Ovarian cysts and uterine fibroids are both common conditions of the female reproductive tract. There is some overlap in physical symptoms, but ovarian cysts and fibroids are separate medical issues—with different causes, complications, and treatments. Here’s what you need to know about fibroids vs. cysts in order to understand the differences between the two.
What’s the difference between cysts and fibroids?
Fibroids are firm, dense, non-cancerous tumors made of smooth muscle and fibrous connective tissue. They can also develop either singly or in clusters. Fibroids grow inside the uterine cavity, inside the uterine wall, or on the outside surface of the uterus, and they can vary in size.
There are four main types of fibroids:
- Intramural fibroids develop within the uterine wall. This can lead to an enlarged uterus if it grows from the wall into the uterine cavity. Intramural fibroids can cause heavy, prolonged periods, bleeding between cycles, and a protruding abdomen.
- Submucosal fibroids may form under the uterine lining within the cavity. They do not always cause noticeable symptoms but can interfere with fertility.
- Subserosal fibroids develop on the outer wall of the uterus and can put pressure on surrounding organs. Subserosal fibroids tend not to cause heavy bleeding but can result in severe pelvic pain.
- Pedunculated fibroids grow on stalks inside the uterine cavity and can cause intense pelvic pain and cramps.
Ovarian cysts are fluid-filled sacs that can grow on the inside or outside of the ovary. They can grow singly or in clusters and don’t usually cause severe discomfort. They may even go away on their own.
The two most common types of ovarian cysts are:
- Follicle cysts: These develop when the follicle of the ovary fails to rupture and release an egg that would normally be released.
- Corpus luteum cysts: This occurs when the corpus luteum (what forms when a follicle seals itself off after releasing an egg) fills with fluid, which causes a buildup.
How are fibroids and ovarian cysts diagnosed?
Fibroids and ovarian cysts can usually both be detected during a standard pelvic exam. If either is suspected, your doctor will likely order an ultrasound to confirm the diagnosis. If you have a solid cyst, your doctor will most likely order a blood test to determine if it is cancerous or benign. Fibroids may also be diagnosed using magnetic resonance imaging (MRI).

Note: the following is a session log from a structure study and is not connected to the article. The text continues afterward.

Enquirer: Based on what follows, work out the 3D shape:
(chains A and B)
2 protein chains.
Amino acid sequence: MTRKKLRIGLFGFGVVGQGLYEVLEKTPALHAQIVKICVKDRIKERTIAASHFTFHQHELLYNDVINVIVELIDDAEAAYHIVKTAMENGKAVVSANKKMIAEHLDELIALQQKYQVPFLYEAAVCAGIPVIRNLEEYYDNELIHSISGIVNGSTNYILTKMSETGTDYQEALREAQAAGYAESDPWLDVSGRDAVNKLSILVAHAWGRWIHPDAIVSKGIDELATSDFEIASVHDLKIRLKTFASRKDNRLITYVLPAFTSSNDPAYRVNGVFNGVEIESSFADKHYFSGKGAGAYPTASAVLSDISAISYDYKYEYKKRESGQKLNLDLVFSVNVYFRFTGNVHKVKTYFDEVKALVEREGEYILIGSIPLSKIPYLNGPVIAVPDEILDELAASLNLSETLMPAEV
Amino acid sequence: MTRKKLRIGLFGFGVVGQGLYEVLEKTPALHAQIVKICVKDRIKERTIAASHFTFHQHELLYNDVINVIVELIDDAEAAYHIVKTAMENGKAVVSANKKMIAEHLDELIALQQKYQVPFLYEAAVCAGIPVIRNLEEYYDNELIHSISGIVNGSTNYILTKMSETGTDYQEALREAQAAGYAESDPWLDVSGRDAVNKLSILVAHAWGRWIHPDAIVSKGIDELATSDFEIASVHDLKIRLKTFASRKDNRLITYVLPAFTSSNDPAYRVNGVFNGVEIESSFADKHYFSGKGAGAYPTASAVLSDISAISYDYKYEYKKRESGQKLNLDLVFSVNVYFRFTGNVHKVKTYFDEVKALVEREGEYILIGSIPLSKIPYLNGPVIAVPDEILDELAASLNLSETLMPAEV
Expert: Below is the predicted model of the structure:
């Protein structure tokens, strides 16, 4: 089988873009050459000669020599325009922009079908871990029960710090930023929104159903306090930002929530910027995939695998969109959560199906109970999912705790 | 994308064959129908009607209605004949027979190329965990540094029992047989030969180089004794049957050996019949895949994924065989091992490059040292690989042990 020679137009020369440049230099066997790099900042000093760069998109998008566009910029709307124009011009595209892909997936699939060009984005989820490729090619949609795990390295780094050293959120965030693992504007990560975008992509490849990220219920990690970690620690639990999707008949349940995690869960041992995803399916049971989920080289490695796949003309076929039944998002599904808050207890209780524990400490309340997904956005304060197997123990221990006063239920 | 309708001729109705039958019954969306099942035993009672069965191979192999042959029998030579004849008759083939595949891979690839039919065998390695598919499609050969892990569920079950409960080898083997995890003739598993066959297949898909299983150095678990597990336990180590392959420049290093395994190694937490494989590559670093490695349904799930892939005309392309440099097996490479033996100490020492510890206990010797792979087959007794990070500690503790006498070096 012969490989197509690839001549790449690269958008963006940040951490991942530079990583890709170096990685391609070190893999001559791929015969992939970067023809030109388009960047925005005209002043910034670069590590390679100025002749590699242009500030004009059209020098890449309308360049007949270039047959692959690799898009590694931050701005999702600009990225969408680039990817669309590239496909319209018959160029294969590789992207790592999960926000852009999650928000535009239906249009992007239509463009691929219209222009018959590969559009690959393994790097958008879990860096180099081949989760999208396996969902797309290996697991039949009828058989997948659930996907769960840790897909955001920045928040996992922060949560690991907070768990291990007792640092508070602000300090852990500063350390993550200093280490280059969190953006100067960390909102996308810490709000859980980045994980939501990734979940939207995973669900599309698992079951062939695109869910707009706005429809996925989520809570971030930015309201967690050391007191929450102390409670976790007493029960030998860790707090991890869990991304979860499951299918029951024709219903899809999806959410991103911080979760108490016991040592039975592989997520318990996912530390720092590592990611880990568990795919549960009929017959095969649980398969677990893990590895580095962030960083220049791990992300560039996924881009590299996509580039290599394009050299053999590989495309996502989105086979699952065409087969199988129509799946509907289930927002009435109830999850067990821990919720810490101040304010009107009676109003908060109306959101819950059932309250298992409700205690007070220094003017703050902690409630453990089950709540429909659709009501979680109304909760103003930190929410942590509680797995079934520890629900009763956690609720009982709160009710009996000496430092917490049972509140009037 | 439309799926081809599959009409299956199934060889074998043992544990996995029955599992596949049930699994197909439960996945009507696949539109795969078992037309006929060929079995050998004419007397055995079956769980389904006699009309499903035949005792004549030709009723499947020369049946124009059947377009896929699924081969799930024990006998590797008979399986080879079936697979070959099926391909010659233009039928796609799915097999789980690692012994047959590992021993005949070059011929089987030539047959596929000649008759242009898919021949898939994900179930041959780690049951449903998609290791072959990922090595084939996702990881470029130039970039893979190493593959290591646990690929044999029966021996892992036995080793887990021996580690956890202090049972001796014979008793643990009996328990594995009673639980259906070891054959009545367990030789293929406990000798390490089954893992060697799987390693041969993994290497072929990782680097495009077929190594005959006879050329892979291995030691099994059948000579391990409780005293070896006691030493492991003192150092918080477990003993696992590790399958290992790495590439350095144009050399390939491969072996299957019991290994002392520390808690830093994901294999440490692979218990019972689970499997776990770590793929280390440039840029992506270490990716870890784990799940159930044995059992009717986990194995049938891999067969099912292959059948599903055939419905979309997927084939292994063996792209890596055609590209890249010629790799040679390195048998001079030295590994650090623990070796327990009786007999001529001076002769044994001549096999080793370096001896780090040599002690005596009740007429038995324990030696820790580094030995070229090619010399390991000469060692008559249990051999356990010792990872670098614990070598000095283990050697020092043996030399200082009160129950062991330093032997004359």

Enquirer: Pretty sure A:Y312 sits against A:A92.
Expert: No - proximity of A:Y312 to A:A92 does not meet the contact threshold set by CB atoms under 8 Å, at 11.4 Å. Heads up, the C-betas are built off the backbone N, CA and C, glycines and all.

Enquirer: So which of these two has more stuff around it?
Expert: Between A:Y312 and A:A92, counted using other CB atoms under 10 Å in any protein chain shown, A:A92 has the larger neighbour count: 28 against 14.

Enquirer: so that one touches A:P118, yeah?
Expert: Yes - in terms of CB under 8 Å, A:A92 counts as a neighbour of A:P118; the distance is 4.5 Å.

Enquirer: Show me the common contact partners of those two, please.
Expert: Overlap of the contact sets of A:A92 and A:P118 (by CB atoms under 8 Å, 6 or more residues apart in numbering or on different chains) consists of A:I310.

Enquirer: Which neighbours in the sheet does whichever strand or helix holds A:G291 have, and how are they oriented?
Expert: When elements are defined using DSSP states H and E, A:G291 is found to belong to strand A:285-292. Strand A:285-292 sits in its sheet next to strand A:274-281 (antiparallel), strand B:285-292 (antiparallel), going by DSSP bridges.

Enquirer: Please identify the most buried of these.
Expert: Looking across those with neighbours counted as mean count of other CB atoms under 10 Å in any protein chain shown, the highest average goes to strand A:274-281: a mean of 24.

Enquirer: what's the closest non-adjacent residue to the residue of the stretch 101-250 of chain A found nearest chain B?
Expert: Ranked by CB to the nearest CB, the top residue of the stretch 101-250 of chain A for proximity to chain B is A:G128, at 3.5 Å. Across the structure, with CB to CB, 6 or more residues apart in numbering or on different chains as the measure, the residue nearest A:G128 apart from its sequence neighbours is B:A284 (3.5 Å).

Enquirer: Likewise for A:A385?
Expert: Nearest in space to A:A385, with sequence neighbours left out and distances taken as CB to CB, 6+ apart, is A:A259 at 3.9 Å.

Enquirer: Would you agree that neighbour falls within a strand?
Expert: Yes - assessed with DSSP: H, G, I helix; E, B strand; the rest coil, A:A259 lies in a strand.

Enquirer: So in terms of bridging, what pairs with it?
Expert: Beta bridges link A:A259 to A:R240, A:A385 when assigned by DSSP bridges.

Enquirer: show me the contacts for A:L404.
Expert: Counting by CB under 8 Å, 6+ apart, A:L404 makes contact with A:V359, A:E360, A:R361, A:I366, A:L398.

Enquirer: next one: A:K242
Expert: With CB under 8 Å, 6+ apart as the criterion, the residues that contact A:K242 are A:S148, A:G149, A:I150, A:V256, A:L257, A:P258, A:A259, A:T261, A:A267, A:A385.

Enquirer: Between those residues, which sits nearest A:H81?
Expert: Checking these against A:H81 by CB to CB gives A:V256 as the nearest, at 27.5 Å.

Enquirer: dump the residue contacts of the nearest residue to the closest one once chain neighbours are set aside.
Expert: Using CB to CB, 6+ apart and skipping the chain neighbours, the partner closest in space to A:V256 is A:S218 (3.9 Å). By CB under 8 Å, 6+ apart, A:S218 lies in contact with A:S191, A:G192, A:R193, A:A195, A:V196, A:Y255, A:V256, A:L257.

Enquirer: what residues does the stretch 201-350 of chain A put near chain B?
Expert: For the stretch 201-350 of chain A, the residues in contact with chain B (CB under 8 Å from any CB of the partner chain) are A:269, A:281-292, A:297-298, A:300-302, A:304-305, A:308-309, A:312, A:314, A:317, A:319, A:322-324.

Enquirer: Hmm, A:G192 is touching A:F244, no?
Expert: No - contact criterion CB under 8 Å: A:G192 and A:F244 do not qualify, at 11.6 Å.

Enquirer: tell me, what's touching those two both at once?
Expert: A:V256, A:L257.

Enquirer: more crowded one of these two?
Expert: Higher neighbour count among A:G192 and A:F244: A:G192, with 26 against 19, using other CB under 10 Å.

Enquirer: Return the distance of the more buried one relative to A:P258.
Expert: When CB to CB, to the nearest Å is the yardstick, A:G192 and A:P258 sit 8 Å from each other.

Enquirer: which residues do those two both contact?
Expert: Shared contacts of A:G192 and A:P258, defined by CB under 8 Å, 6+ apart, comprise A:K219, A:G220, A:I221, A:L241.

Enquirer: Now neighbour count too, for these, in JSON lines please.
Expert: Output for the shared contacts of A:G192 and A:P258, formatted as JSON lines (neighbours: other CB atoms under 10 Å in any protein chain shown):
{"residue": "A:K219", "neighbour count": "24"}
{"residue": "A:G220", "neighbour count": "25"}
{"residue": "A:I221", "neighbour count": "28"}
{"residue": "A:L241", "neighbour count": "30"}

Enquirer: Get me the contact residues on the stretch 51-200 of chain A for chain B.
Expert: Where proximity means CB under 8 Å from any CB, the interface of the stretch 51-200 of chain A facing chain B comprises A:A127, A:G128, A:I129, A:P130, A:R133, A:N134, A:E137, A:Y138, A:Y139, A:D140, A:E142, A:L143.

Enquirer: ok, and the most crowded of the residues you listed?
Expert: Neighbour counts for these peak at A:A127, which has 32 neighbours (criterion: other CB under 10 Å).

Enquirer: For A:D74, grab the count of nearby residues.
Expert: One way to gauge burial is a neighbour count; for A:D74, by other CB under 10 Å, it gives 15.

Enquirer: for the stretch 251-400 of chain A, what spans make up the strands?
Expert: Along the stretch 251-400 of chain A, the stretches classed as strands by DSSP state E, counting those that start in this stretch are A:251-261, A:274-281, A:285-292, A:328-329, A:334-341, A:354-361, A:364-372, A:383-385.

What symptoms are the same?
Women with fibroids and ovarian cysts may experience some of the same symptoms, such as:
- Pelvic pain or pressure
- Abdominal pain or pressure
- Abdominal bloating or protruding belly
- Pain or soreness in the lower back and thighs
- Difficulty urinating
- Frequent urination
- Pain during sex
- Unexplained weight gain
- Pain during your period
- Breast tenderness
- Constipation or other bowel issues
What symptoms are different?
Additional symptoms of ovarian cysts may include:
- Ovarian torsion, where the ovary is twisted and displaced
- Ovarian rupture, which is usually indicated by sudden, intense pain in the pelvis or abdomen (often on one side), accompanied by fever and/or vomiting
Additional symptoms of fibroids may include:
- Heavy, prolonged periods (lasting more than 10 days in a month)
- Bleeding between menstrual cycles
- Anemia and fatigue from blood loss
Causes and treatments: Fibroids vs. cysts
Every month, your ovaries develop cysts when an egg is released and hormones are produced. These cysts usually go away on their own.
If treatment becomes necessary, a surgeon can remove the cyst through:
- Laparoscopy, in which the cyst is removed through small incisions in the abdomen
- Oophorectomy, in which the entire ovary is removed
The precise causes of fibroids are not yet known, but there is evidence that genetics, hormones, and other growth factors in combination play a part. Some risk factors include of Black racial group; diet and nutritional deficiencies; and other medical conditions, such as obesity and hypertension.
Treatments for fibroids include:
- Medications, such as birth control pills and other hormone manipulators
- Non-invasive procedures, such as uterine fibroid embolization (UFE) and focused ultrasound surgery
- Surgeries, such as myomectomy and hysterectomy